cbd infused

Researchers once thought that CBD did the same thing, but with CB2 receptors — which are abundant in the immune and gastrointestinal systems, as well as the brain and nervous system. However, they no longer believe that to be true.

CBD is available in a variety of forms. Some of the most common CBD delivery methods are listed below, but how it’s ultimately used depends on personal needs and preferences. The delivery method of CBD affects how quickly it works and what kinds of effects it has on the body.

How does CBD work?

A 2017 World Health Organization report found that CBD, in its pure state, is safe, well-tolerated by humans and animals and not likely to cause physical dependence or abuse. And according to the National Institutes of Health (NIH), 1,500 mg of CBD has been safely taken by mouth daily for up to four weeks.

CBD products are sold online, or at dispensaries in states where cannabis is legalized.

How is CBD used?

CBD, or cannabidiol, is a chemical compound from the cannabinoid family that naturally occurs in the cannabis plant. Scientists have isolated 108 different types of cannabinoids in cannabis.

"Many of the CBD products available on the high street contain so little CBD that you would need to consume vast quantities to even approach some of the doses that are administered in clinical trials of medicines", concludes Sumnall.

“CBD tends to work well in foods with a stronger, earthy taste, such as chocolate and coffee”, says Meg Greenacre, head chef at Erpingham House in Norwich. "I’ve been inspired by menus in London to create a delicious CBD brownie for our customers here. I was surprised that during taste tests, no one could tell which brownie the CBD was in and actually, most people thought it was the batch that did not contain it. I am looking into adding CBD to more sweet bakes such as nutty flapjacks and beetroot chocolate cake , which naturally have a deeper and richer flavour, complementing the earthy, almost bitter, taste and smell of CBD oil.

Cannabidiol, or as it’s better known CBD, is a legal cannabinoid (chemicals found in cannabis) and can be sold in the UK .

It's not the psychoactive cannabinoid that gets you high, called THC. Instead it's a product believed by its high-street users to have medicinal properties, such as relaxation and pain-, nausea- and anxiety-relief, although studies are not conclusive.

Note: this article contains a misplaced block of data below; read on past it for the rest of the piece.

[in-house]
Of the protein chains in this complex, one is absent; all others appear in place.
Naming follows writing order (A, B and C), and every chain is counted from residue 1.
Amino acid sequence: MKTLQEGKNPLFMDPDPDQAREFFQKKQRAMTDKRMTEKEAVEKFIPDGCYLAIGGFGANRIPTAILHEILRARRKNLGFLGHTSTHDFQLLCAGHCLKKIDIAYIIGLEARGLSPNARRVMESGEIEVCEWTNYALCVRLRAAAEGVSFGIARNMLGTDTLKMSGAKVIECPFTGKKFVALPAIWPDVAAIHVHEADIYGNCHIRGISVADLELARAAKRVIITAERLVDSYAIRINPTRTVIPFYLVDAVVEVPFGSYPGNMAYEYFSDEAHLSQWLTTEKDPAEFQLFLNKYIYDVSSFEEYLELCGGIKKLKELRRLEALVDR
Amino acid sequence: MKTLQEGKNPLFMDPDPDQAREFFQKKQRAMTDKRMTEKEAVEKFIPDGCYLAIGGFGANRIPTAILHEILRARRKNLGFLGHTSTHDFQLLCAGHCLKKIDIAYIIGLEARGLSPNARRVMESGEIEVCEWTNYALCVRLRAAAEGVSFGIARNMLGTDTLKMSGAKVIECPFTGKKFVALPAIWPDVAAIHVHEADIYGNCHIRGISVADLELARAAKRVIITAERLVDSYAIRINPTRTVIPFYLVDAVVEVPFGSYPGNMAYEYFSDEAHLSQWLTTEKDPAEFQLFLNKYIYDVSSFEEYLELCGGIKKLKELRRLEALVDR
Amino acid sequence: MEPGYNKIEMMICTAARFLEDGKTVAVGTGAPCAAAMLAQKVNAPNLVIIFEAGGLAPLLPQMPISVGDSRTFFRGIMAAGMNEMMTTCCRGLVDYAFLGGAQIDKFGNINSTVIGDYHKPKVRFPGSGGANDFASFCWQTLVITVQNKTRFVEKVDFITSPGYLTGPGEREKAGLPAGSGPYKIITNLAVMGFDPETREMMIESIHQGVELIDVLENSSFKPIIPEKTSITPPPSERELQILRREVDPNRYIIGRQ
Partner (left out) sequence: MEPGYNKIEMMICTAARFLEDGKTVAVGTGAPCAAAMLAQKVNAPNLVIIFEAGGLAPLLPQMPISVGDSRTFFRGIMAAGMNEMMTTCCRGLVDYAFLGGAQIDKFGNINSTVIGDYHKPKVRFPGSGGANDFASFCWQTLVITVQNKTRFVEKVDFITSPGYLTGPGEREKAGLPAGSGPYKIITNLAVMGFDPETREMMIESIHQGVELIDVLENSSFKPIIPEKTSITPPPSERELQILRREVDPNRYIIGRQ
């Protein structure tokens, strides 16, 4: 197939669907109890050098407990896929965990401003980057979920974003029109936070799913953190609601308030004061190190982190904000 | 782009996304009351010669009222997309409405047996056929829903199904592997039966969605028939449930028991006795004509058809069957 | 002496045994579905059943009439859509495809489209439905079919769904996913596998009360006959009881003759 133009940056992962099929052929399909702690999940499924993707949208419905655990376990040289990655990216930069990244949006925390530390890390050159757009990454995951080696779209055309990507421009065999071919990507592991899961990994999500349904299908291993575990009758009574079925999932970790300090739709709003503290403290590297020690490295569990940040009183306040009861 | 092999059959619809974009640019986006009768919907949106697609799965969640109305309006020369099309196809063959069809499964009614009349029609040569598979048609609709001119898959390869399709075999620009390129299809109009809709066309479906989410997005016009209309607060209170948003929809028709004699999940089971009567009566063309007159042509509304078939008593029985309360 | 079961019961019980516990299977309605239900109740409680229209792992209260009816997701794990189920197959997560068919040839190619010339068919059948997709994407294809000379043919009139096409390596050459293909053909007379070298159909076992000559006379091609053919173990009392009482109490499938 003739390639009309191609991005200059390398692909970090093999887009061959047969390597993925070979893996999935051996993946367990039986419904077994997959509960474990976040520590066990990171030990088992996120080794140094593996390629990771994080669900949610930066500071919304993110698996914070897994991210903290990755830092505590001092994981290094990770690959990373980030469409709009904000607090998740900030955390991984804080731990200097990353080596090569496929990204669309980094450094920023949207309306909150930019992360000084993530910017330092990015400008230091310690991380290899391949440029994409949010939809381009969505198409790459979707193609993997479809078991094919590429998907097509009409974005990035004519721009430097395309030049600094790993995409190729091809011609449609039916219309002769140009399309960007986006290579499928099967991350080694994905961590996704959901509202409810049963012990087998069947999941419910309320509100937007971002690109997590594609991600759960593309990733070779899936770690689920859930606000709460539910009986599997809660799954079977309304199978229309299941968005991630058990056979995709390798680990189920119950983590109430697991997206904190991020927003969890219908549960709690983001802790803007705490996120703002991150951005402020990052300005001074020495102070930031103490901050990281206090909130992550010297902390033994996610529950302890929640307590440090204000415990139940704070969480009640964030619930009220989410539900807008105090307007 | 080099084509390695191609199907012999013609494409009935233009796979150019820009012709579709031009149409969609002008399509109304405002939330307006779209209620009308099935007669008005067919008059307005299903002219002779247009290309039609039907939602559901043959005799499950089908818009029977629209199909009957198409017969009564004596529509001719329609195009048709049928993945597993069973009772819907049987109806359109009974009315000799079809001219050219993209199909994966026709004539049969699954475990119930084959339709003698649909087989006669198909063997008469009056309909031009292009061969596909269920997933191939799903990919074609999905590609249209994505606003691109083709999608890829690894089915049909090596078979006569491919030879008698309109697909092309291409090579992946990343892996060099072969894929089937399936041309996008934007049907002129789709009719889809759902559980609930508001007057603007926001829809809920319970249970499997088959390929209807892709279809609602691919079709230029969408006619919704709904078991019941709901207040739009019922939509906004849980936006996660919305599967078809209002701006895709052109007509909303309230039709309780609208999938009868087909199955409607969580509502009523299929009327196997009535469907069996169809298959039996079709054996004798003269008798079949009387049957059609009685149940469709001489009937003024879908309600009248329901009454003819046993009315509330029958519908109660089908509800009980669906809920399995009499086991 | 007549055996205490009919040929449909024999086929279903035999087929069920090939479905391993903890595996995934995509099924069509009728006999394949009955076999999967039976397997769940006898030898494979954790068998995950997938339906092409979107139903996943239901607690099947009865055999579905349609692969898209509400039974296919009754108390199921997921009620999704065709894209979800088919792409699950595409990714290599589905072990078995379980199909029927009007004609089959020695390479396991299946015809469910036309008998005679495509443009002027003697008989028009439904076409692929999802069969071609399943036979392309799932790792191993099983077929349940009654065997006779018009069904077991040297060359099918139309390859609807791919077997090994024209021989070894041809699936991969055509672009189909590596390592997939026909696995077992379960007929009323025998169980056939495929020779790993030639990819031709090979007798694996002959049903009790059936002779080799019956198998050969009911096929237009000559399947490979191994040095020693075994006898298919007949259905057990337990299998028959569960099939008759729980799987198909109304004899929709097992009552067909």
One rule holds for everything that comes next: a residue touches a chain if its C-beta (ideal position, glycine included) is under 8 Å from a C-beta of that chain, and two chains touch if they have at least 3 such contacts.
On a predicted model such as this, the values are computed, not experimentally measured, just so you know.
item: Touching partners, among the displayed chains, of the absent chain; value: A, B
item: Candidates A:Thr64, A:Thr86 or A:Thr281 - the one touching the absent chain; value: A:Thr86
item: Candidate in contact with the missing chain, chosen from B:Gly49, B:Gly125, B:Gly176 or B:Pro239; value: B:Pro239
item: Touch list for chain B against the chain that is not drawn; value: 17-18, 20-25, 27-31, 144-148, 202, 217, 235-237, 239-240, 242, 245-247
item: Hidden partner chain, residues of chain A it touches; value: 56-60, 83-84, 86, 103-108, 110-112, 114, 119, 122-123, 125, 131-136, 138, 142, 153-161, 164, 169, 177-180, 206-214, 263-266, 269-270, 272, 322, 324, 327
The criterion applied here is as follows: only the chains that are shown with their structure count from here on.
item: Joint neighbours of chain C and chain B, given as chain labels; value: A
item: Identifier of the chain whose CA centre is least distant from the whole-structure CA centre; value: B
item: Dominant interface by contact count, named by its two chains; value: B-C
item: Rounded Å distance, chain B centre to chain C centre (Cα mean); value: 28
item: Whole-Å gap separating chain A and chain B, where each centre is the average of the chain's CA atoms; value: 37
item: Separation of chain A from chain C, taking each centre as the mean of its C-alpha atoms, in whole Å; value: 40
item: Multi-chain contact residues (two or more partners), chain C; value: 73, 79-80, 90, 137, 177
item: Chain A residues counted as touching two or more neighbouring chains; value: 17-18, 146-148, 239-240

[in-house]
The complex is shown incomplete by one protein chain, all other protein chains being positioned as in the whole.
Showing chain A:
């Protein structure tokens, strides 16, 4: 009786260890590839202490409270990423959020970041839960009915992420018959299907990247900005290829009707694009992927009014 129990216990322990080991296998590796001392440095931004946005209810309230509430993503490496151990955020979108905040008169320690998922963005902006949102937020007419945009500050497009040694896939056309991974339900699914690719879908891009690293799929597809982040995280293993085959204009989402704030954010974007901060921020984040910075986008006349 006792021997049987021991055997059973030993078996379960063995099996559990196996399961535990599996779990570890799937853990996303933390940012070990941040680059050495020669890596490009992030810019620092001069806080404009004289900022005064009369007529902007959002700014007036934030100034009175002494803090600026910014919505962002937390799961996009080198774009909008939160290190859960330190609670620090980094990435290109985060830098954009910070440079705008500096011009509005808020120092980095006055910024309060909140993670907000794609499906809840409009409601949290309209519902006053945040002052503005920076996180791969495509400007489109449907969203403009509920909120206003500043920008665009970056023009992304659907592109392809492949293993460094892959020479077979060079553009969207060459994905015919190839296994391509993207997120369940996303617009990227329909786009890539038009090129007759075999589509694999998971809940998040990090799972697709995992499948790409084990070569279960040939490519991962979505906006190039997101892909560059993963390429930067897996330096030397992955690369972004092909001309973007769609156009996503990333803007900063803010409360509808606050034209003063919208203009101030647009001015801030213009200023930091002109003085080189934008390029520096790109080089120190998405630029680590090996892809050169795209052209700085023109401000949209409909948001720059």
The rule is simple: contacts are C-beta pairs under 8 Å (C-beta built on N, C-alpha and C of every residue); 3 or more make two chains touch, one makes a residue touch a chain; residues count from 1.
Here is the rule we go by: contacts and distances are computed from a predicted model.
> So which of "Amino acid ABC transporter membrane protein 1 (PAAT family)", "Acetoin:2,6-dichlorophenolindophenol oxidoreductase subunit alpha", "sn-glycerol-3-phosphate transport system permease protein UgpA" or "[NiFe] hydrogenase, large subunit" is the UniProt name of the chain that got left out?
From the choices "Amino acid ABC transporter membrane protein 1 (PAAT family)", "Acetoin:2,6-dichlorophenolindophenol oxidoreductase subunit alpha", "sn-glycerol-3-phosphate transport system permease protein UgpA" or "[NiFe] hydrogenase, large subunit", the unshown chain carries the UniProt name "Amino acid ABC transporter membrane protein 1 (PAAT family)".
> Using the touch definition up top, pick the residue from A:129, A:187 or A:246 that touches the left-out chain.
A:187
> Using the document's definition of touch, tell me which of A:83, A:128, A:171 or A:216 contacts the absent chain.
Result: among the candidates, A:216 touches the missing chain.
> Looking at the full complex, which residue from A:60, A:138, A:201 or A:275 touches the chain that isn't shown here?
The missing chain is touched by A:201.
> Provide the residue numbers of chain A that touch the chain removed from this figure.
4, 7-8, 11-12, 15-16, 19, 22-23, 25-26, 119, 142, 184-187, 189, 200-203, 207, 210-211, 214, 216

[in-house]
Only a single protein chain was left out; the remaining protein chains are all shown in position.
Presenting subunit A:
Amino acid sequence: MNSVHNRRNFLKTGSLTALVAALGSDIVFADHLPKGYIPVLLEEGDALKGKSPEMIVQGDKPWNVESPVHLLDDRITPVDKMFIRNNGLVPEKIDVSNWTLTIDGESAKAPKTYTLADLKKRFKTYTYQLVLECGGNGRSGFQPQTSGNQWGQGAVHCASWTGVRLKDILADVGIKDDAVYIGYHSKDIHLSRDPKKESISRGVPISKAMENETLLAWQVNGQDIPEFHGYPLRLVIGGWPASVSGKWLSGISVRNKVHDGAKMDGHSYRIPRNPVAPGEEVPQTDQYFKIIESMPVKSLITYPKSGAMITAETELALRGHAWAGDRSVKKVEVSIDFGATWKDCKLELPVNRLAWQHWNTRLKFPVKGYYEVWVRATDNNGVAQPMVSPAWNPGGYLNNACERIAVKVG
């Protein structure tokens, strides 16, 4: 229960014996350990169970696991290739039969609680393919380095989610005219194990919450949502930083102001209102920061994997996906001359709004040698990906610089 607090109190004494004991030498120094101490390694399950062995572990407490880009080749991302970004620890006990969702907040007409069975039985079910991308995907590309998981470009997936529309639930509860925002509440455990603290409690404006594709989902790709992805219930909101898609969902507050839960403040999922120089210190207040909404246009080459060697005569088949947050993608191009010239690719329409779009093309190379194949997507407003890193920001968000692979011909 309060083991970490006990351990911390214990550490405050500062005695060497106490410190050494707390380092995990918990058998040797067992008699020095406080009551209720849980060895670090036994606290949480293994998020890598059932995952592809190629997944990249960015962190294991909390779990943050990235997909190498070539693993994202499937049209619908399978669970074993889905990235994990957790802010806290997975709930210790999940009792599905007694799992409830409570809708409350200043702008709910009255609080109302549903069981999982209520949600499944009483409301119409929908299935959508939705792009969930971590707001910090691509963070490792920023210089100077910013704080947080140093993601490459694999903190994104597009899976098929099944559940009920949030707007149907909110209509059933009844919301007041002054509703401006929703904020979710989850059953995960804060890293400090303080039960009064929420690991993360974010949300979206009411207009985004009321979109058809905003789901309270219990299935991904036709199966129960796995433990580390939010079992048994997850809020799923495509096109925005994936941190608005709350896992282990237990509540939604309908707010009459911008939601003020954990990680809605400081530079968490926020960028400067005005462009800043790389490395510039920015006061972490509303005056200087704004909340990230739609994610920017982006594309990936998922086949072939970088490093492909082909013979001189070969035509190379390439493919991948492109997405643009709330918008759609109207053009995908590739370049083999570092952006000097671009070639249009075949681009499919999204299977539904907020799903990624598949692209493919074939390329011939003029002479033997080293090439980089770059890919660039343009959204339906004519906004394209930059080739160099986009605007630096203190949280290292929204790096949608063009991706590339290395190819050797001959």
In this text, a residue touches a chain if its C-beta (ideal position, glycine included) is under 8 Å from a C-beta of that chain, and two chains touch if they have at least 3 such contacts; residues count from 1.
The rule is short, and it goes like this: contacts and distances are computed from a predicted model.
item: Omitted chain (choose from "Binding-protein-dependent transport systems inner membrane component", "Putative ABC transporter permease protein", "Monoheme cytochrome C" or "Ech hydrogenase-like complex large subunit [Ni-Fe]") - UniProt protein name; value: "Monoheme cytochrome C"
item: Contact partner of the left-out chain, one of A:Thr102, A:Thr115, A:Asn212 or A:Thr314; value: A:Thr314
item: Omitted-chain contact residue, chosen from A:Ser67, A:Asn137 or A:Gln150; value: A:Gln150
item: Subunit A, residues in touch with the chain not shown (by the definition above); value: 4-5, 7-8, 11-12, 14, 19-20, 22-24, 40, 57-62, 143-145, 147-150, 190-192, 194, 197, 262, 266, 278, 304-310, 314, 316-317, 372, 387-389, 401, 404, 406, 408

"But there is no good scientific evidence that these consumer products have any real benefits.

“When you cook with CBD, you have to be careful not to heat the mixture at too high a temperature”, advises Meg. A search on CBD websites brings up details of CBD evaporating and losing its 'health' properties past 160–180C, though "there is also little understanding of what happens to CBD when you cook it or add it to a drink", says Professor Sumnall.

“Businesses have picked up on growing public awareness and have been promoting their products online, in high-street retailers and increasingly in food and drink,” says Professor in Substance Use, Harry Sumnall, Liverpool John Moores University. We spoke to chefs at two restaurants who use CBD on their menus in completely different ways.

"CBD is actually hard to cook with. It has a disgusting taste", says Greg Hanger, head chef at Kalifornia Kitchen in London, who has created an entire CBD afternoon tea . Greg pays attention to the type of oil that the CBD is mixed with, saying "coconut oil CBD is great in Thai cooking balanced with coriander, ginger and lime. Olive oil CBD is great for Middle Eastern foods like hummus or you could even mask the flavour with rosemary and put it in cheesy sauce or mashed potatoes ."

Is CBD a miracle cure?

So why are we increasingly seeing CBD-labelled coffees, cakes and croissants in shops, cafes and restaurants all over the UK?

Coffees and cakes may contain between 5–10mg of CBD. But clinical trials administer doses of around 100–1,500mg per day, with medical supervison.